EXCERPT: Instructional Coaching & Its Role in Career Development for CTE Teachers

What is an instructional coach?

Quality teacher professional development is essential to the outcome of student achievement. In their careers, teachers must be challenged with new ideas in order to foster a classroom culture of student engagement. The instructional coach is an embedded professional development practitioner who helps teachers attain these lofty educational outcomes (Blackman, 2010).

Instructional coaches share the responsibility of teacher leadership with administrators in the district. Typically, however, coaches are not teacher supervisors and serve a non-evaluative function (Hanover Research, 2015). Coaches employ their pedagogical expertise and the relationships built with teachers to influence change.

CTE and Instructional Coaching

Career and technical education teachers face unique challenges in the secondary educational setting, where many arrive from industry following a change in careeer. Though they may be experts in their subject matter, they often have minimal training in pedagogy (Foster, Hornberger, & Watkins, 2017). New CTE teachers benefit from mentorship and coaching.

New CTE teachers must learn how to instruct in both classroom and lab environments. Training in classroom safety protocols is a priority. They must learn how to implement classroom management and best practices for engaging students. New CTE teachers also will benefit from understanding, more generally, the field of education. They need to be informed about work expectations, academic achievement, special populations and school policy.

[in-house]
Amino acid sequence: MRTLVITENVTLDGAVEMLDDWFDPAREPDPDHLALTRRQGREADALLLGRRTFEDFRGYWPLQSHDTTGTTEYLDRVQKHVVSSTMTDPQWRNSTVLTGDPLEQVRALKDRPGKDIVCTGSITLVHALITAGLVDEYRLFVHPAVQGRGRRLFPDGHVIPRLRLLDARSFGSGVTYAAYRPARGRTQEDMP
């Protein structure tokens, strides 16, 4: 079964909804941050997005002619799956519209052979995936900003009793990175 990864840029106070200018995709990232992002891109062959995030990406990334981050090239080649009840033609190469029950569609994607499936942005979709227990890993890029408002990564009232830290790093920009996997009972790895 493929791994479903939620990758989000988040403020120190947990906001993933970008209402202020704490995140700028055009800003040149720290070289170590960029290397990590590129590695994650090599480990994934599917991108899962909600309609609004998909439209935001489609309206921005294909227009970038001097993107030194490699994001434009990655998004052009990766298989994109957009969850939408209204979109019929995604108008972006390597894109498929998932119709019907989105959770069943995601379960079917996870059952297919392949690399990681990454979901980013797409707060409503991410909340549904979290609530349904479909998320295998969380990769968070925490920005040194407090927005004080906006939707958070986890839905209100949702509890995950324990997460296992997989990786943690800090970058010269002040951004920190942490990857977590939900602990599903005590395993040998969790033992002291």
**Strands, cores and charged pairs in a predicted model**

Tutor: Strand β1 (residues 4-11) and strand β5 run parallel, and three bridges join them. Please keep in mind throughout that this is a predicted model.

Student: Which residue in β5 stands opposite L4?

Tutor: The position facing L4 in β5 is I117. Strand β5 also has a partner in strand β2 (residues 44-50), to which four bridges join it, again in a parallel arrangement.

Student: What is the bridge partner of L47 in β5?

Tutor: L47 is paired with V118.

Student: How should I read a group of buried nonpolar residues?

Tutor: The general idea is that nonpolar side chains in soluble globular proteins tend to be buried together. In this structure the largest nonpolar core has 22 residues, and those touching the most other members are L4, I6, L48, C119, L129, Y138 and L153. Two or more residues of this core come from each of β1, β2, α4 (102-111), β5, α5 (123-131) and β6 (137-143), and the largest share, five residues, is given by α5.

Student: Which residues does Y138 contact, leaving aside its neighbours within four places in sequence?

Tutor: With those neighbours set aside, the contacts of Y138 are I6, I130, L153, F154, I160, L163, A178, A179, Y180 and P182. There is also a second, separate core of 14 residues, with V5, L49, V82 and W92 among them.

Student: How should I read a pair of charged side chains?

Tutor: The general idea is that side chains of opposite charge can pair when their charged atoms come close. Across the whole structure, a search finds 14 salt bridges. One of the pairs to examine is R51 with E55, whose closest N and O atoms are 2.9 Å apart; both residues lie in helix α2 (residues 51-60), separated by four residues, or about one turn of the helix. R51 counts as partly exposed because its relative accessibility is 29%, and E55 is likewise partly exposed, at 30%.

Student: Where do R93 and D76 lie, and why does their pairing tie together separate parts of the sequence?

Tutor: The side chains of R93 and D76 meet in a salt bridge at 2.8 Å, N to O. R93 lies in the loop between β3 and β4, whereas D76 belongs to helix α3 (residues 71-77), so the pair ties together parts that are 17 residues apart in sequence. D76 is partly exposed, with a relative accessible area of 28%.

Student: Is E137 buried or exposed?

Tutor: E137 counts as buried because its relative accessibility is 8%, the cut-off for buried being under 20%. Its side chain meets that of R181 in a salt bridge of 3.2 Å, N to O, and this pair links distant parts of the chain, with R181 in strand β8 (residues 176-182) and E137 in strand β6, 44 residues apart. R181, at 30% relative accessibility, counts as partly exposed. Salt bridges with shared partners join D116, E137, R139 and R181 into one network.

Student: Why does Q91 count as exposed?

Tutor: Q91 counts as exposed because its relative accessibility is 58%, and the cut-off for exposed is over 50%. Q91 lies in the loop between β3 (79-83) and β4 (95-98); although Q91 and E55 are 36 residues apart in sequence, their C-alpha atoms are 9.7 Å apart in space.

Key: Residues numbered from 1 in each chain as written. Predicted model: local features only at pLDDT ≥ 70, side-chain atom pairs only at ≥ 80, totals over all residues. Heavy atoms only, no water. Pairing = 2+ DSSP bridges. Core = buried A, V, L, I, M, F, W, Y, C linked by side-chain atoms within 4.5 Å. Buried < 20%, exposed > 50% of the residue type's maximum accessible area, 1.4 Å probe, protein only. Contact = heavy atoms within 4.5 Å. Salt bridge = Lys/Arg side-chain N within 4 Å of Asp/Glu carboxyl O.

In a large school district, as CTE administrators are busy with the day-to-day business of running the department, important communications with teachers can be lost. Instructional coaches provide mentorship to teachers and they also listen to the teachers’ aspirations and concerns. As a result, through listening, the CTE instructional coach can counsel the teacher on their goals.

Monica Amyett is a CTE instructional coach with Fort Worth Independent School District. Email her.

ACTE members can read the full article, “Instructional Coaching & Its Role in Career Development for CTE Teachers,” in the May issue of Techniques. Not a member? Join! ACTE is the largest national education association dedicated to the advancement of education that prepares youth and adults for successful careers.

REFERENCES
Blackman, A. (2010). Coaching as a leadership development tool for teachers. Professional Development in Education (36)3, 421–441.
Foster, J., Hornberger, C., & Watkins, D. (2017). CTE administrative leadership: 10 things to know in your first year. Alexandria, VA: Association for Career and Technical Education.
Hanover Research. (2015). Best practices in instructional coaching. Arlington, VA: Hanover Research.
0 replies

Leave a Reply

Want to join the discussion?
Feel free to contribute!

Leave a Reply

Your email address will not be published. Required fields are marked *